This week, the US Supreme Court is examining four cases about whether or not the Constitution gives same-sex couples the right to marry regardless of the laws passed in their state. At issue: Equality and civil rights? States' sovereignty? Religious liberty? It depends who you ask.
Snippets from the Left
New York Times
"Remarkably few of the Bible’s spiritual heroes exemplify what Americans now consider 'traditional marriage': Abraham had two wives, Sarah and her handmaiden, Hagar; King David and King Solomon had many wives; Jesus and his apostles apparently never married; the Virgin Mary was married but conceived Jesus outside the marital union; Paul urged his colleagues to remain unmarried (as he did), unless their passions overwhelmed them.
Assume that I am wrong and that the Bible unequivocally demands that marriage be defined as one man, one woman. Does that require people of faith to disrespect and exclude gay couples? No, it doesn’t."
Snippets from the Right
Christian Broadcasting Network (CBN)
"'Should citizens and the states decide this most fundamental matter or federal courts?'
'The Supreme Court case is going to determine whether or not citizens or judges get to define what marriage is in the 50 states,' Anderson explained.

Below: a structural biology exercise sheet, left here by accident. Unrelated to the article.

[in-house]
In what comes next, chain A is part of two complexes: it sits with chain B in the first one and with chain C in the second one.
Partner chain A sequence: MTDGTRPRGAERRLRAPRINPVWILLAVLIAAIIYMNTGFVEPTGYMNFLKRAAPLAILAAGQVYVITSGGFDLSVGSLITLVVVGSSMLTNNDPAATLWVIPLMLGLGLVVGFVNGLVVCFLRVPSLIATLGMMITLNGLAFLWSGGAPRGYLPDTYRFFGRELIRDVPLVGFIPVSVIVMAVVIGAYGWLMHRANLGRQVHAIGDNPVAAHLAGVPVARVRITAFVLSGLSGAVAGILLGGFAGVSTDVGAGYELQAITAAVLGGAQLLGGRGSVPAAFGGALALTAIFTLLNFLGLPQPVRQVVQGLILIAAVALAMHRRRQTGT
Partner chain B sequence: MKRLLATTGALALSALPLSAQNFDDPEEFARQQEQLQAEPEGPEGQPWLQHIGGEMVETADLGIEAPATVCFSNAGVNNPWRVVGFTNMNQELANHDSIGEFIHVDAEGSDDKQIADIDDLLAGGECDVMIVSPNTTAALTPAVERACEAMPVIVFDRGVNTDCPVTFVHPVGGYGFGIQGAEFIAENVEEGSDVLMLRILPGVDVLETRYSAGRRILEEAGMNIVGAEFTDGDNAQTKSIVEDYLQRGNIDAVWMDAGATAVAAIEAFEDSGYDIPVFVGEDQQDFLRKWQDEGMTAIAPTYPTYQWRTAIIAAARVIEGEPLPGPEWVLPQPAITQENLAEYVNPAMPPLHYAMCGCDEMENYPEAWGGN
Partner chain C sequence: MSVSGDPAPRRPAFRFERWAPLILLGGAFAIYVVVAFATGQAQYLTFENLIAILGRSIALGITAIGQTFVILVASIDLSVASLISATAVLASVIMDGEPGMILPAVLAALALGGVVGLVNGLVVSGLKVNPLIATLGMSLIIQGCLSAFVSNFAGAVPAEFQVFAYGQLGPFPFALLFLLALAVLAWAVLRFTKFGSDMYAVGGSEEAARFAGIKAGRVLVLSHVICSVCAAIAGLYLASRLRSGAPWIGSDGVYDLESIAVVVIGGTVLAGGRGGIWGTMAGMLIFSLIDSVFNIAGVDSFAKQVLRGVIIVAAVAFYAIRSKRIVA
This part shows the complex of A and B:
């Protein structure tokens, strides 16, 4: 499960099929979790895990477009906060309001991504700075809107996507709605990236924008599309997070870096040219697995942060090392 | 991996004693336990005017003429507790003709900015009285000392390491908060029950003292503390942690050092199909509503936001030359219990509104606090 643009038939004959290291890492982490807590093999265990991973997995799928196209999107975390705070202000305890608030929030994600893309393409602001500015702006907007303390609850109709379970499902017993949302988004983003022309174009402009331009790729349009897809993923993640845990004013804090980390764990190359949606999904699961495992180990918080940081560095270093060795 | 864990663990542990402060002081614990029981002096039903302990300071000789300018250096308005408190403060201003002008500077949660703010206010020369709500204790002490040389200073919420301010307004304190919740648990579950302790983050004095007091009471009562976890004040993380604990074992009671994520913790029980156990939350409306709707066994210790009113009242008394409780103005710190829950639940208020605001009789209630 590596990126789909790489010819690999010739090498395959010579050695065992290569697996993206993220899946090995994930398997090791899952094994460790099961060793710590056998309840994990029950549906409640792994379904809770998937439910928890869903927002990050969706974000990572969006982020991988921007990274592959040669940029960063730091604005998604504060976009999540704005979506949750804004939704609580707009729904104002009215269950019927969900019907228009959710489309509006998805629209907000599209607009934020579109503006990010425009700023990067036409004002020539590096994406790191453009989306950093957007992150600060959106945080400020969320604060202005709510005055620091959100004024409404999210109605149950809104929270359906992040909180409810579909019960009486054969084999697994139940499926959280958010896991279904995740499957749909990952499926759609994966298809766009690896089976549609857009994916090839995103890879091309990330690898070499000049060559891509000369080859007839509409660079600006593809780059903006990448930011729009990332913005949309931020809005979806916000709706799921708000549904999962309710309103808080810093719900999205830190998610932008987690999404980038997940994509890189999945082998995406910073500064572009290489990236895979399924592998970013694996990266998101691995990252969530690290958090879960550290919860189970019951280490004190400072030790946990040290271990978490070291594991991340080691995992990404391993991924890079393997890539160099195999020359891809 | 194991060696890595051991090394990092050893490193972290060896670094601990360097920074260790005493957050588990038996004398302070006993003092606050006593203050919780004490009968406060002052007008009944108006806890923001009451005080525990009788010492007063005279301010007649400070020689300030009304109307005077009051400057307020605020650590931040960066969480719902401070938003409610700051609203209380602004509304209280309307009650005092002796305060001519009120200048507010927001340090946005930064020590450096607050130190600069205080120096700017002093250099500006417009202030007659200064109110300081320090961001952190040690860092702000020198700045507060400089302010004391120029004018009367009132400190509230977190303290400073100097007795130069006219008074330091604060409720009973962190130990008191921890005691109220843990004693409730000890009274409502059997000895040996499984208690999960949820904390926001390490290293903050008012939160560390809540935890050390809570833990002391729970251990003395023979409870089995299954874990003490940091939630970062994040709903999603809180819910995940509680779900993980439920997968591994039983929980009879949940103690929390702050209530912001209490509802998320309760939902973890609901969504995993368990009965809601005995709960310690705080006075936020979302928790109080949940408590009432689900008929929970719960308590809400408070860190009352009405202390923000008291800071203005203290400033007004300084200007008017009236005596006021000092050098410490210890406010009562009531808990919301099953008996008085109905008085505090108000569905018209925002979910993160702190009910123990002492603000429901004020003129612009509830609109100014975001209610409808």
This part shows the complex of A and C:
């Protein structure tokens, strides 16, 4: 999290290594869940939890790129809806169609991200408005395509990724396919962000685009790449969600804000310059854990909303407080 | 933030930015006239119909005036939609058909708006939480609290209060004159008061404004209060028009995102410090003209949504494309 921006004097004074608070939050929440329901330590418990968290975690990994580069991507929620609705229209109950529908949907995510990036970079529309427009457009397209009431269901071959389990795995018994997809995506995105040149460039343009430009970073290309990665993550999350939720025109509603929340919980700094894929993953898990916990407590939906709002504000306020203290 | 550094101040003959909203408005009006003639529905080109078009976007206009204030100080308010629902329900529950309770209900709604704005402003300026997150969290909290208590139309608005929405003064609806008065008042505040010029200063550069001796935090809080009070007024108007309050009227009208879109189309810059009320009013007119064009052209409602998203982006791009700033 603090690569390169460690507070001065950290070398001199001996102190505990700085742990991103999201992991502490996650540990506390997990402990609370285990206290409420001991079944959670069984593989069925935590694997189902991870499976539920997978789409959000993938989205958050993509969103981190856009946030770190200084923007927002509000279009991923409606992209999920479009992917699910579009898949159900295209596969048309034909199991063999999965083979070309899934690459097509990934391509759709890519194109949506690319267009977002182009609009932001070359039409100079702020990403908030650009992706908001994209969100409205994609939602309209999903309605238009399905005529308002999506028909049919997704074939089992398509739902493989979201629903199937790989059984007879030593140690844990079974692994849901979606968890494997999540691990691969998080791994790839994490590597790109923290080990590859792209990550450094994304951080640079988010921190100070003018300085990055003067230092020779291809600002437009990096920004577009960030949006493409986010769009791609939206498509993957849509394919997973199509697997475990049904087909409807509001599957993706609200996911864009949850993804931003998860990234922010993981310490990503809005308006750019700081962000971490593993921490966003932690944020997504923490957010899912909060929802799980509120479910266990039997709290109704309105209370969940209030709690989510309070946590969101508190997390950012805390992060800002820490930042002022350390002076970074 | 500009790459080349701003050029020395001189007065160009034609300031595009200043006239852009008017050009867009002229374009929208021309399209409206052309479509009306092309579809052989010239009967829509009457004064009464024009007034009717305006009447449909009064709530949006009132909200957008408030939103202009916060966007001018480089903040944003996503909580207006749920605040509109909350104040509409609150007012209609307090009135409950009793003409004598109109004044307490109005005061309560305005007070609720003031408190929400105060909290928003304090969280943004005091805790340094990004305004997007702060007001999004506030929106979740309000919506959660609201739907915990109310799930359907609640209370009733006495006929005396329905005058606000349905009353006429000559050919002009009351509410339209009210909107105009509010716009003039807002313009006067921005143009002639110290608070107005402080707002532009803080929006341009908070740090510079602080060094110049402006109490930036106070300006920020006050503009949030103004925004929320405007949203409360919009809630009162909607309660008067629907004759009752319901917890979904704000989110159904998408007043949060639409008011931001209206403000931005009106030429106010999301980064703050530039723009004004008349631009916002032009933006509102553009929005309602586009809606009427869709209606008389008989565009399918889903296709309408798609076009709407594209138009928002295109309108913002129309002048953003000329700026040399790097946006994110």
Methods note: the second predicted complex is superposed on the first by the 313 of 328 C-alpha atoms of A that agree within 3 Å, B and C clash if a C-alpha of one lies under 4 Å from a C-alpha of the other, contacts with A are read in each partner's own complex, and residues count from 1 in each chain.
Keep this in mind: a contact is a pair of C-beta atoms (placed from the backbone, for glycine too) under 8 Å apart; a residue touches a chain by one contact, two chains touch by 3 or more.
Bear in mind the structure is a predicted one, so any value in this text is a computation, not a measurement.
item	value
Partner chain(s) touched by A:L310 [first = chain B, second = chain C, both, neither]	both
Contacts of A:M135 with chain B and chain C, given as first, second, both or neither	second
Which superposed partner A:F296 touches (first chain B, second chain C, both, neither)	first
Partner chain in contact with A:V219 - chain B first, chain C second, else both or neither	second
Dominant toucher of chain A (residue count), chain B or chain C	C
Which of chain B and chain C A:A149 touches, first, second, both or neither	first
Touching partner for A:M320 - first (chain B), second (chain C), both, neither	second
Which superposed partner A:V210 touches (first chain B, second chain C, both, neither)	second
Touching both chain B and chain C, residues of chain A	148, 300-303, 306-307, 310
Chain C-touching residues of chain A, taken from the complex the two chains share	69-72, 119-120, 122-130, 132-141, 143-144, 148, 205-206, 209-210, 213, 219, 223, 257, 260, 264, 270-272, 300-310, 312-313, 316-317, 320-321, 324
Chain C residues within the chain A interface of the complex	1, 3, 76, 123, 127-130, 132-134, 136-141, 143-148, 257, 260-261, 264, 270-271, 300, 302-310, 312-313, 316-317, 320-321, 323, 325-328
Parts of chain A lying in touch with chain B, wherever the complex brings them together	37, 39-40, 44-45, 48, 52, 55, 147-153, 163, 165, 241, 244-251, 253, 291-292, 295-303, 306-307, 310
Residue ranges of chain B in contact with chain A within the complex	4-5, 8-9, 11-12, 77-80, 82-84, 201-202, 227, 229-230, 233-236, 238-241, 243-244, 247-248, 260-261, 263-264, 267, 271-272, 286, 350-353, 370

Jacob stated, 'Traditionally, family law including marriage has been state law. It's been primarily something that states controlled in their sovereignty.'
Cathy Ruse, of the Family Research Council, added, 'And the law in this case is clear: states have always had authority to make marriage policy decisions. So the question before the justices is, 'Do we now take that away from states?'"
Snippets from the Center
Wall Street Journal
"Legal trends and public opinion have moved toward embracing same-sex marriage with remarkable speed, but Tuesday’s arguments didn’t indicate an outcome recognizing a right for gay unions was preordained.
The court’s liberal justices challenged the rationale four states offered for denying marriage to gays and lesbians, while conservatives questioned why the court shouldn’t leave the question to popular will and legislative wisdom.
Justice Anthony Kennedy—author of the court’s three landmark opinions expanding gay rights since 1996 and likely the deciding vote—gave weight to both sides."